Shifts in economic strategy speak in favor of a high likelihood of accelerated development of China’s technosphere in the coming years. In 2021, the idea of “two circuits”—internal (the main one) and external—was enshrined in party and state documents. It is assumed that technological independence (largely achieved to date) will serve as a support for the internal circuit, which, of course, does not exclude the overseas expansion of high-tech Chinese companies. However, such expansion in recent years has faced discrimination in the West, which was one of the reasons for putting forward the idea of two circuits [9, p. 50]. The situation is different in the Belt and Road countries, many of which see technological cooperation with China as a useful balance to ties with the West. Thus, Senegal decided to stop storing government information on foreign servers (controlled by the United States); as a result, China is creating national servers to allow the African country to achieve digital sovereignty.

The growing contribution to China’s economic development is made by its full-fledged and rapidly strengthening science and technology complex. Western technologies, which for a long time were considered uncontested in Russia, can increasingly be replaced by their counterparts from China. The special attention to basic research at the state level, which is now characteristic of the Celestial Empire, opens space for fruitful and long-term bilateral cooperation between our countries.


The authors declare that they have no conflicts of interest.


1STEM stands for science, technology, engineering, mathematics.

2There are laws On Patents, On Copyright, On Trademarks, and On Seed Production, as well as Regulations on the Protection of Integrated Circuit Topologies in China.

3An exclusive right is a property right that is recognized in relation to protected objects of intellectual property and that can be disposed of by concluding a transaction. It is the exclusive rights to protected objects that are objects of civil circulation, while the objects of intellectual rights themselves are intangible.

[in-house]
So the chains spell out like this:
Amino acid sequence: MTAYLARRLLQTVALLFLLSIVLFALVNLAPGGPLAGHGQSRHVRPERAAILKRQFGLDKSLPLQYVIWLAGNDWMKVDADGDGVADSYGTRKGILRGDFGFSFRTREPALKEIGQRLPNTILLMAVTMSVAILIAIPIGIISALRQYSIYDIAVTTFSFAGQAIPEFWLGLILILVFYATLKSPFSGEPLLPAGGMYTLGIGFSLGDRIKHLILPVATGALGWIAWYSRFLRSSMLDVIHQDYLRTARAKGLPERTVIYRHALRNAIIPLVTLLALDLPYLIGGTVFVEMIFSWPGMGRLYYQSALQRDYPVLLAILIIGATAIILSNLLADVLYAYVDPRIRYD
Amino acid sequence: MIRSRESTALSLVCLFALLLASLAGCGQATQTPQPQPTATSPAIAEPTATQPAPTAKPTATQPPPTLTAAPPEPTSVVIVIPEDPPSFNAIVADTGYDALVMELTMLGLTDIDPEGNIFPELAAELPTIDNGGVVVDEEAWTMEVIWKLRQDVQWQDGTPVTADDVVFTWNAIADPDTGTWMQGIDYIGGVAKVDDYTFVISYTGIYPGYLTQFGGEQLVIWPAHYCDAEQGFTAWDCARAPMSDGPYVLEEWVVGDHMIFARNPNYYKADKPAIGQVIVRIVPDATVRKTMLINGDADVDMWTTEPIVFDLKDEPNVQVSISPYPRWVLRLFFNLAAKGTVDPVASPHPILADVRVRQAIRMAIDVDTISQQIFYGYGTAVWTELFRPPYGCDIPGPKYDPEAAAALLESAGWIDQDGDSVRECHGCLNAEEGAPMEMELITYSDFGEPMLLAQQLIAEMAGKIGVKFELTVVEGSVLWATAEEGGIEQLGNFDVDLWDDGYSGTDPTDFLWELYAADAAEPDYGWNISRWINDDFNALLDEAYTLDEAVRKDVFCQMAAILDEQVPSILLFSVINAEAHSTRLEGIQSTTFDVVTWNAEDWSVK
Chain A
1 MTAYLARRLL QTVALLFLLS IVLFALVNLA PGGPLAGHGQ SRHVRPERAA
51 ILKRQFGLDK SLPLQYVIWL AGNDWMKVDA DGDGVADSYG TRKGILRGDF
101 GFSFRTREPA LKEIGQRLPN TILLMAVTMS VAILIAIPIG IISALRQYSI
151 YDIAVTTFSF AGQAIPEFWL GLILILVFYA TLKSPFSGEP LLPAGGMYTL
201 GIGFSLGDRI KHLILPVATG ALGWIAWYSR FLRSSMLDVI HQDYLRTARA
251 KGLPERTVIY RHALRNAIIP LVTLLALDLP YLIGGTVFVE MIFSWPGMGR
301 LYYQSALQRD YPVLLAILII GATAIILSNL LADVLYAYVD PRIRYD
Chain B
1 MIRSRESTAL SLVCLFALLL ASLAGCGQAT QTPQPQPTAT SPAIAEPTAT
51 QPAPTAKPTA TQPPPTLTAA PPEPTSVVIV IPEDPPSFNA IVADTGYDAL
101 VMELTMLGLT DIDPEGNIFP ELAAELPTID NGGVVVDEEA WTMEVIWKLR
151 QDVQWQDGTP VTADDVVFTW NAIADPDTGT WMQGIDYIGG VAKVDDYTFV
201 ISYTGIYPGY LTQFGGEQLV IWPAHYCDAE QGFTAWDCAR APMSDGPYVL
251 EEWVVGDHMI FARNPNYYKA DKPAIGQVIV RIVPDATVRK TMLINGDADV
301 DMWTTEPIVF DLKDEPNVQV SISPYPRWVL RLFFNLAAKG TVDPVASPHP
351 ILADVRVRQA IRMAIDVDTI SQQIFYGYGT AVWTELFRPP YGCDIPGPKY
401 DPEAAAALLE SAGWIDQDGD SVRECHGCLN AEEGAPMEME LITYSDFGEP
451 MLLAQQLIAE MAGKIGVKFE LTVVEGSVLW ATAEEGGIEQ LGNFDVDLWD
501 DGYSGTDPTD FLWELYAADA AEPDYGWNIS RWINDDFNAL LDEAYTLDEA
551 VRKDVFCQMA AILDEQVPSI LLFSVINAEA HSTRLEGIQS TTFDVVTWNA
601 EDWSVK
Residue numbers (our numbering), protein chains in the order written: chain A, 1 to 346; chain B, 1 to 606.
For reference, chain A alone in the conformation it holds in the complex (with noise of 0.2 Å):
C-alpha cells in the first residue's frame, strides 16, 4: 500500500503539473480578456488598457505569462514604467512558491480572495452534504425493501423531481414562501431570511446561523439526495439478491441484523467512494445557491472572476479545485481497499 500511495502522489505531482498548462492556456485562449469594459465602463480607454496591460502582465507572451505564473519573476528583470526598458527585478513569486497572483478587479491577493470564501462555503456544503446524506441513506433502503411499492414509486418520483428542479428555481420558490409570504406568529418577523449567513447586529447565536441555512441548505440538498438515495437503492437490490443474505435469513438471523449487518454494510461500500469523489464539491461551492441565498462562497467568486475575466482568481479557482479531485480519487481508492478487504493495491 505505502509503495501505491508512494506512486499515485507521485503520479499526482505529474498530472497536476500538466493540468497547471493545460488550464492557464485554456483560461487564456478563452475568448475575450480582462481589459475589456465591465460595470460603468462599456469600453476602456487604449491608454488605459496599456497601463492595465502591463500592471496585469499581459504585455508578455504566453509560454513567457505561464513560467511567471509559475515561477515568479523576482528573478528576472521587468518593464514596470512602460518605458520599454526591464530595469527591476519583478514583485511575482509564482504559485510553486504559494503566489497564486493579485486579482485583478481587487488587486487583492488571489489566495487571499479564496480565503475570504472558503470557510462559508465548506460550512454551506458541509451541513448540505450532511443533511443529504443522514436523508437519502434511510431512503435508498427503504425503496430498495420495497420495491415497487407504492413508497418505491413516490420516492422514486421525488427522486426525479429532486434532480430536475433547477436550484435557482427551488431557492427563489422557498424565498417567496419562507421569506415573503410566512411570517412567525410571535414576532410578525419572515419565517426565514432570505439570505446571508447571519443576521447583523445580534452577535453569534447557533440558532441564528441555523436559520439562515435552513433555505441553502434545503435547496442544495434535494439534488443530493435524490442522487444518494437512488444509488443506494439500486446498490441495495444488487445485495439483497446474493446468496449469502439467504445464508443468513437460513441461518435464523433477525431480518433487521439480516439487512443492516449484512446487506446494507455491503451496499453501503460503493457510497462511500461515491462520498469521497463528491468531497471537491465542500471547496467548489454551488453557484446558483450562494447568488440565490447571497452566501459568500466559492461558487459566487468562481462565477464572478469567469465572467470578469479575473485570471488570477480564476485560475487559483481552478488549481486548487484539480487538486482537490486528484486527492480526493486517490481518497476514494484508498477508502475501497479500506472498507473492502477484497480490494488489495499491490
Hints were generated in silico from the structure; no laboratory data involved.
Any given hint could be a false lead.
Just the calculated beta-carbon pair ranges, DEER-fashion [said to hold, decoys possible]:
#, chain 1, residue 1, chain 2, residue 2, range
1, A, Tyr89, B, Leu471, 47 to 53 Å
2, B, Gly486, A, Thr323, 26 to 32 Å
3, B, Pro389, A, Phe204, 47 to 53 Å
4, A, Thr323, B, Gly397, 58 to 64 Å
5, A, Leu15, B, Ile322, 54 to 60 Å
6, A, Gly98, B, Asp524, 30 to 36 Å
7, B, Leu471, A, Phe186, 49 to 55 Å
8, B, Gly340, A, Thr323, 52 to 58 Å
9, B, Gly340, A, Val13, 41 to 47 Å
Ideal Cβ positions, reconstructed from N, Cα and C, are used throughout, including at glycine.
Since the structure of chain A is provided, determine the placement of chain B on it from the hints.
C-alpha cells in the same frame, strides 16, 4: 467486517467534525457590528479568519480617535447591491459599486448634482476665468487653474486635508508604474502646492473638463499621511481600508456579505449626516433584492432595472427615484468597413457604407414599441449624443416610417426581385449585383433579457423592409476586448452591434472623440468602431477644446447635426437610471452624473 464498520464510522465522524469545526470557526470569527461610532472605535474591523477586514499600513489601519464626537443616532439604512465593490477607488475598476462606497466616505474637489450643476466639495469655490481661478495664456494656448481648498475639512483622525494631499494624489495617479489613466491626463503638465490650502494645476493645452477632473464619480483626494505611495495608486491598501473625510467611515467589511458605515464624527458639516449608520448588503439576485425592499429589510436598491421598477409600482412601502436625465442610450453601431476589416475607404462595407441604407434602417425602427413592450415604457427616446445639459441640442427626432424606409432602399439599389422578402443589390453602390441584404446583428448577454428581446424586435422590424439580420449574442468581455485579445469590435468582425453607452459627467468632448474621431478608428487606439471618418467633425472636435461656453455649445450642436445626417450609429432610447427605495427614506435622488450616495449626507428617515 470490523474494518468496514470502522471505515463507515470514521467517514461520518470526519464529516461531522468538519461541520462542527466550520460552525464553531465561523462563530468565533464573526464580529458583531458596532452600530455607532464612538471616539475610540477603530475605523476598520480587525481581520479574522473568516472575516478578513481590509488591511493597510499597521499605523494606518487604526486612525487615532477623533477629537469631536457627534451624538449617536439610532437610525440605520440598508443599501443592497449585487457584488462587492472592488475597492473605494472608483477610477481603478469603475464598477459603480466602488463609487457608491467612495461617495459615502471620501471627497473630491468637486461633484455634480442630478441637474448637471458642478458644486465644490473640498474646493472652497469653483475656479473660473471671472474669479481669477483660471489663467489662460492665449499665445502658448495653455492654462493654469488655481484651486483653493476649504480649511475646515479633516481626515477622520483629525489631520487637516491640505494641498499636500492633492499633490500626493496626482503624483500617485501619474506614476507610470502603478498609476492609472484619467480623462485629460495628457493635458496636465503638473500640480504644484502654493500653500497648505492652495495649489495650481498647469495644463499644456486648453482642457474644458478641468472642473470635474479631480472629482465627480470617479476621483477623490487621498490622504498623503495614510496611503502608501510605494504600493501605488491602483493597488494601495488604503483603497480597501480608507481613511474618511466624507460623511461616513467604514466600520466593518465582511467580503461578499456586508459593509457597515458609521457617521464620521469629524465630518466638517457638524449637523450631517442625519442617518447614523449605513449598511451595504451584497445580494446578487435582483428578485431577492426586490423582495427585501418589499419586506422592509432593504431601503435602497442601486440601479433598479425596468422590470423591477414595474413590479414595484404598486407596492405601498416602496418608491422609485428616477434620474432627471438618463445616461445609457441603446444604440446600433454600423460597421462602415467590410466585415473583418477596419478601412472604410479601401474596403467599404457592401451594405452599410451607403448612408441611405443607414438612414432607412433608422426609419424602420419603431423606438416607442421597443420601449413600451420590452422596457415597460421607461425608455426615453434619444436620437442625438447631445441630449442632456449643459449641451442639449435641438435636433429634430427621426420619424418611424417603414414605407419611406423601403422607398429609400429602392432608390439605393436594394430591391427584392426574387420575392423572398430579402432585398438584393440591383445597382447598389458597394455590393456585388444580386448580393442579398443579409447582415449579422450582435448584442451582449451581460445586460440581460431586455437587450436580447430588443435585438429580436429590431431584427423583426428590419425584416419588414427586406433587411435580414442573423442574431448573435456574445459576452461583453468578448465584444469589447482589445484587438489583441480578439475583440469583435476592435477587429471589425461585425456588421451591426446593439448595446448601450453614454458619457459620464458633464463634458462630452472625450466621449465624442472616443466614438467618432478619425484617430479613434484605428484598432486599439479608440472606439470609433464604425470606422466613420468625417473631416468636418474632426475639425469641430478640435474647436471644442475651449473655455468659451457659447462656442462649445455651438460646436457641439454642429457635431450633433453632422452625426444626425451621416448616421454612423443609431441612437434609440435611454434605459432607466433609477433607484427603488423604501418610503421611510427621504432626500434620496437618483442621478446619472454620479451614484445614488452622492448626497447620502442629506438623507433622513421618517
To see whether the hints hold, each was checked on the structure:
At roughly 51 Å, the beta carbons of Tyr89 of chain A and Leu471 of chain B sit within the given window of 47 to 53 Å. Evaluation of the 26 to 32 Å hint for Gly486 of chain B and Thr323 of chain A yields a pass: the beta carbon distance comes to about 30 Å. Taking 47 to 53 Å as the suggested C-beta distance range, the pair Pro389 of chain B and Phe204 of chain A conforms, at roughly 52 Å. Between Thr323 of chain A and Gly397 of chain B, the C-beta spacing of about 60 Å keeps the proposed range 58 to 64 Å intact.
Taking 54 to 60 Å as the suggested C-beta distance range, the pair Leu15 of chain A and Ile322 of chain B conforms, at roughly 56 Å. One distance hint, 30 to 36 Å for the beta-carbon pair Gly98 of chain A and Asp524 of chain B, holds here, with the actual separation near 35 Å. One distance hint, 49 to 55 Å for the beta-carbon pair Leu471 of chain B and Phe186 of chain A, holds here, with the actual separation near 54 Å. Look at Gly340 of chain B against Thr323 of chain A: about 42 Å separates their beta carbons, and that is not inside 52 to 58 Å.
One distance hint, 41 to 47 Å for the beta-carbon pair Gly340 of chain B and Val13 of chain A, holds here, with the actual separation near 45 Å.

4The increase in financial and organizational costs when applying for a patent abroad reduces the likelihood of filing applications for “blank” or “reported” developments.

Aleksandr Igorevich Salitskii, Dr. Sci. (Econ.), is Chief Researcher of the Primakov Institute of the World Economy and International Relations, RAS (IMEMO RAS). Elena Aleksandrovna Salitskaya, Cand. Sci. (Law), is an Associate Professor in the Department of Security in the Digital World and Head of the Department for Legal Support of Intellectual Property at the Center of Intellectual Property of the Bauman Moscow State Technical University (BMSTU).

Translated by B. Alekseev

Contributor Information

A. I. Salitskii, Email: ur.liam@55.las.

E. A. Salitskaya, Email: ur.utsmb@ayakstilas.


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Articles from Herald of the Russian Academy of Sciences are provided here courtesy of Nature Publishing Group

China on the Way to Global Technology Leadership (2024)


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What rank is China in technology? ›

China ranks highest in Knowledge and technology outputs (6th). China ranks lowest in Institutions (43rd), Infrastructure (27th) and Human capital and research (22nd). The full WIPO Intellectual Property Statistics profile for China can be found on this link.

Is China strong in technology? ›

“The critical technology tracker shows that, for some technologies, all of the world's top 10 leading research institutions are based in China and are collectively generating nine times more high-impact research papers than the second-ranked country (most often the US).”

What is the position of China in technology? ›

As per the Global Innovation Index in 2022, China was considered one of the most competitive in the world, ranking 11th in the world, 3rd in the Asia & Oceania region and 2nd for countries with a population of over 100 million.

Is China a leader in innovation? ›

In short, if you want to innovate, you need to operate like the United States. But over the past twenty years, China has transformed from a technological backwater into an innovation powerhouse.